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"The Sea of Faith
Was once, too, at the full, and round earth's shore
Lay like the folds of a bright girdle furled.
But now I only hear
Its melancholy, long, withdrawing roar,
Retreating, to the breath
Of the night-wind, down the vast edges drear
And naked shingles of the world.
Ah, love, let us be true
To one another! for the world, which seems
To lie before us like a land of dreams,
So various, so beautiful, so new,
Hath really neither joy, nor love, nor light,
Nor certitude, nor peace, nor help for pain;
And we are here as on a darkling plain
Swept with confused alarms of struggle and flight,
Where ignorant armies clash by night."
From these two stanzas of the poem "Dover Beach" there are references to the world that Montag inhabits, a world where there is no joy, or love or help for the pain, only emptiness.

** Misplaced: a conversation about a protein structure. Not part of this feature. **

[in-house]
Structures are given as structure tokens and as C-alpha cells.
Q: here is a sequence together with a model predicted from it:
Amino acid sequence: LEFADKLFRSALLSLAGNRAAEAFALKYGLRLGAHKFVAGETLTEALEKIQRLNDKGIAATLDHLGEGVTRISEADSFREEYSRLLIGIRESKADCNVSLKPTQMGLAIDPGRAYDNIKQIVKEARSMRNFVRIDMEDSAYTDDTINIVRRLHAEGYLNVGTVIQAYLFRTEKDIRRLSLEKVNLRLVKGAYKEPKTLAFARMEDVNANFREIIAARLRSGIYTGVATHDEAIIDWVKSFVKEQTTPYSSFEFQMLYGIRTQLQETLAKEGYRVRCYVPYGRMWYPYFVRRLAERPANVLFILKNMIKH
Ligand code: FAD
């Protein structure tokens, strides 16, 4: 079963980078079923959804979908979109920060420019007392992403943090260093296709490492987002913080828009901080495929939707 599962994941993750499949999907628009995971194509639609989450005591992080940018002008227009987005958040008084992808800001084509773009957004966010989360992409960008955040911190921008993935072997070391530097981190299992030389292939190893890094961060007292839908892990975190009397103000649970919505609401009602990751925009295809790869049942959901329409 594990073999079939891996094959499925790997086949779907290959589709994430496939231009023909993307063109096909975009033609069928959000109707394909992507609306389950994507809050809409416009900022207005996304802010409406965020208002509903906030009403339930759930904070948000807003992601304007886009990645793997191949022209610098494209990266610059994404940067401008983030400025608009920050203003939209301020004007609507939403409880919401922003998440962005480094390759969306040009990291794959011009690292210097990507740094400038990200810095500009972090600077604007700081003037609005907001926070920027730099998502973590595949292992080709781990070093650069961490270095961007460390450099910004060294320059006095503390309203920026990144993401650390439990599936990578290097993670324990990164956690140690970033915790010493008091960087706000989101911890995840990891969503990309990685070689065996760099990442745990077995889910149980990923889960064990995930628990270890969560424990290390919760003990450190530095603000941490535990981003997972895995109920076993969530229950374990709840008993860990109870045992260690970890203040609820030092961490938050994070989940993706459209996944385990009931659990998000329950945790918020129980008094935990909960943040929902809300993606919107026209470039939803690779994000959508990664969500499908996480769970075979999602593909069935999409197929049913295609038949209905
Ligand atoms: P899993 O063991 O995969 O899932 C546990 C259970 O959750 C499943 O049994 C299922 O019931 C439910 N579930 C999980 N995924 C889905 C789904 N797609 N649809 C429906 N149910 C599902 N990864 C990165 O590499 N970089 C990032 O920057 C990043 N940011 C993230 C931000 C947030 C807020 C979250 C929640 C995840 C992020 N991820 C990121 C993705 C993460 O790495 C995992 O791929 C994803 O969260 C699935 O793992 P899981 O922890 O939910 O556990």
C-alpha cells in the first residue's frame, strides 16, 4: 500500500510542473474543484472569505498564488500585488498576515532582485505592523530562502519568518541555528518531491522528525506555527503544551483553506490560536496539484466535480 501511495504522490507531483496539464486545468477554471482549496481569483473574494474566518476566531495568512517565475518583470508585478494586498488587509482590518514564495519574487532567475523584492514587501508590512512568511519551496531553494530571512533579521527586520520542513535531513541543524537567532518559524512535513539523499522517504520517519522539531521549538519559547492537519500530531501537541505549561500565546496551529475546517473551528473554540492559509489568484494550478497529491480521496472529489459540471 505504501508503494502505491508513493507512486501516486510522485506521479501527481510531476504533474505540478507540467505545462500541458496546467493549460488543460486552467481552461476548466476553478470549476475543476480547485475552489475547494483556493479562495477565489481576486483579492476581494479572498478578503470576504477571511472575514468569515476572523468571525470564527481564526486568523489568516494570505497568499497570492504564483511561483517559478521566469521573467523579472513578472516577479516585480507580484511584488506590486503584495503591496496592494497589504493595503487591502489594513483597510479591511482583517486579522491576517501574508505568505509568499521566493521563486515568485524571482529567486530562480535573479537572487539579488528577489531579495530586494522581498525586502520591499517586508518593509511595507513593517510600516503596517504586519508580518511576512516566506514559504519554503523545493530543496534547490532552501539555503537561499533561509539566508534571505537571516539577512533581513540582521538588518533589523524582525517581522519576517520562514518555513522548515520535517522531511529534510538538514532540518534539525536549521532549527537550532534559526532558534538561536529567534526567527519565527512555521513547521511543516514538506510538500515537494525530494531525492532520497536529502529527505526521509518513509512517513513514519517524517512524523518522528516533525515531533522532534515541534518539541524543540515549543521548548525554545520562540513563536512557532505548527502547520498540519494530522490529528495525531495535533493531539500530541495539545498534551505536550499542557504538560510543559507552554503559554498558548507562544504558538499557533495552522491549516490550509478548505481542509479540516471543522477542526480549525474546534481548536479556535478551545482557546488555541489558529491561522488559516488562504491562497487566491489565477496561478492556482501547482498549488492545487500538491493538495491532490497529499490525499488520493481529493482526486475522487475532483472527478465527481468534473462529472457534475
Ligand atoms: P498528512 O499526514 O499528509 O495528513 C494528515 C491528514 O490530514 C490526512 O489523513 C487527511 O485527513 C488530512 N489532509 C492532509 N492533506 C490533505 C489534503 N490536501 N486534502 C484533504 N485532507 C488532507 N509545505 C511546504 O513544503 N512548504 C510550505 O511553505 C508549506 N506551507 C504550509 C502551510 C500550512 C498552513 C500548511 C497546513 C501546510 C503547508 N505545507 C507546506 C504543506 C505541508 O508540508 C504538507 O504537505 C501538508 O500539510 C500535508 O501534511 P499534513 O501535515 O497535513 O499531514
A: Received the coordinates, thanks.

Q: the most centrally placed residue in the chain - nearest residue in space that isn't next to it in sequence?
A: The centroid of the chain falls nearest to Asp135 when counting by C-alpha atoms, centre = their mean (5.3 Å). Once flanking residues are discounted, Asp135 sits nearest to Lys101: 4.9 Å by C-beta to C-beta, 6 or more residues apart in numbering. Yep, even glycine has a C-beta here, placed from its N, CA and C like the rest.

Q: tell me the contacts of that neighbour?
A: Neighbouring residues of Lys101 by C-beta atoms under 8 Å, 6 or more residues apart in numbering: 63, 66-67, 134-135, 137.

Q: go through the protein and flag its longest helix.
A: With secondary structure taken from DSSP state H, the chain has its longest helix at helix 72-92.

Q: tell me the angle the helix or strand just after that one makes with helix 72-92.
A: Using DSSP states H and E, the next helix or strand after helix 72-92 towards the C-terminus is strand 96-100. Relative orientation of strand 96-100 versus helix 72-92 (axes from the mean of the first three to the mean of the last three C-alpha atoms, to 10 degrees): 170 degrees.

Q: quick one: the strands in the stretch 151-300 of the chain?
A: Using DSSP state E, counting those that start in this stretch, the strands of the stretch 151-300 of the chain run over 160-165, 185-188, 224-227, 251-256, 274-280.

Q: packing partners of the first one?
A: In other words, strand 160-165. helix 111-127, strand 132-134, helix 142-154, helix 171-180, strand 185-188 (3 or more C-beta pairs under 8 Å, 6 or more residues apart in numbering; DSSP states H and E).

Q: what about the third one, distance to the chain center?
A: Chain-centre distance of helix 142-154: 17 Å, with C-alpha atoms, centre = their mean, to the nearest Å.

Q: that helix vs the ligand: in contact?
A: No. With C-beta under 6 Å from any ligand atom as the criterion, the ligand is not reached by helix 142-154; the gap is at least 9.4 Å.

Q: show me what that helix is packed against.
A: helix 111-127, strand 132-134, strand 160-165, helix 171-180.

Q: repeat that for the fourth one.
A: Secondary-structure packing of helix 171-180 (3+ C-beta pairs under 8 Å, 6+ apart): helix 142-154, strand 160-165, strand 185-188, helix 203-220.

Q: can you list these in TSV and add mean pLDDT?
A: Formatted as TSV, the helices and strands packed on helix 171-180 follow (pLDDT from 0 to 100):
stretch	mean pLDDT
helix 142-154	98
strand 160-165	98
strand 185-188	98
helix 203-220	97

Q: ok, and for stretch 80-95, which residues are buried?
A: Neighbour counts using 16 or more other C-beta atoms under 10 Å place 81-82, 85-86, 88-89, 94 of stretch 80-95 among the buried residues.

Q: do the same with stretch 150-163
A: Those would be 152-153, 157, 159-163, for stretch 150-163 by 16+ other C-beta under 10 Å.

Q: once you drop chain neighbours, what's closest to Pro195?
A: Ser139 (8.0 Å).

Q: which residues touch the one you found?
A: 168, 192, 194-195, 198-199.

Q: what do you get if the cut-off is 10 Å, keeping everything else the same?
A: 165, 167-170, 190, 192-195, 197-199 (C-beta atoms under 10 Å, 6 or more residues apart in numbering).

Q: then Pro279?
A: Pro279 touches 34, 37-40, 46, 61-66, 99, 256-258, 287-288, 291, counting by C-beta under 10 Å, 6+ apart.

There is a religious theme running through the book that the poem is used to remind Mildred and her friends about what is missing from life. This society has lost all emotional connection made through the passion and love of reading and sharing one's feelings. Mildred's friend gets upset because of the line that refers to armies clashing which reminds her about her husband.
Montag loves to read, and has remained faithful to the old way of life, like a religious devotion.
Arnold's great poem "Dover Beach" was written by a man who was, in addition to being a poet, an inspector of schools. Arnold believed very strongly in the necessity of education and shared culture as tools to hold back barbarism, and as ways to produce good and civilized people.
This relates to the themes of the novel because Bradbury's given us a world in which education, and particularly the printed world, is being both burned up and drowned in other activities. It's a world in which the anarchy that Arnold feared has won, at least for now, and the people don't know it. They are the ignorant armies clashing by night.
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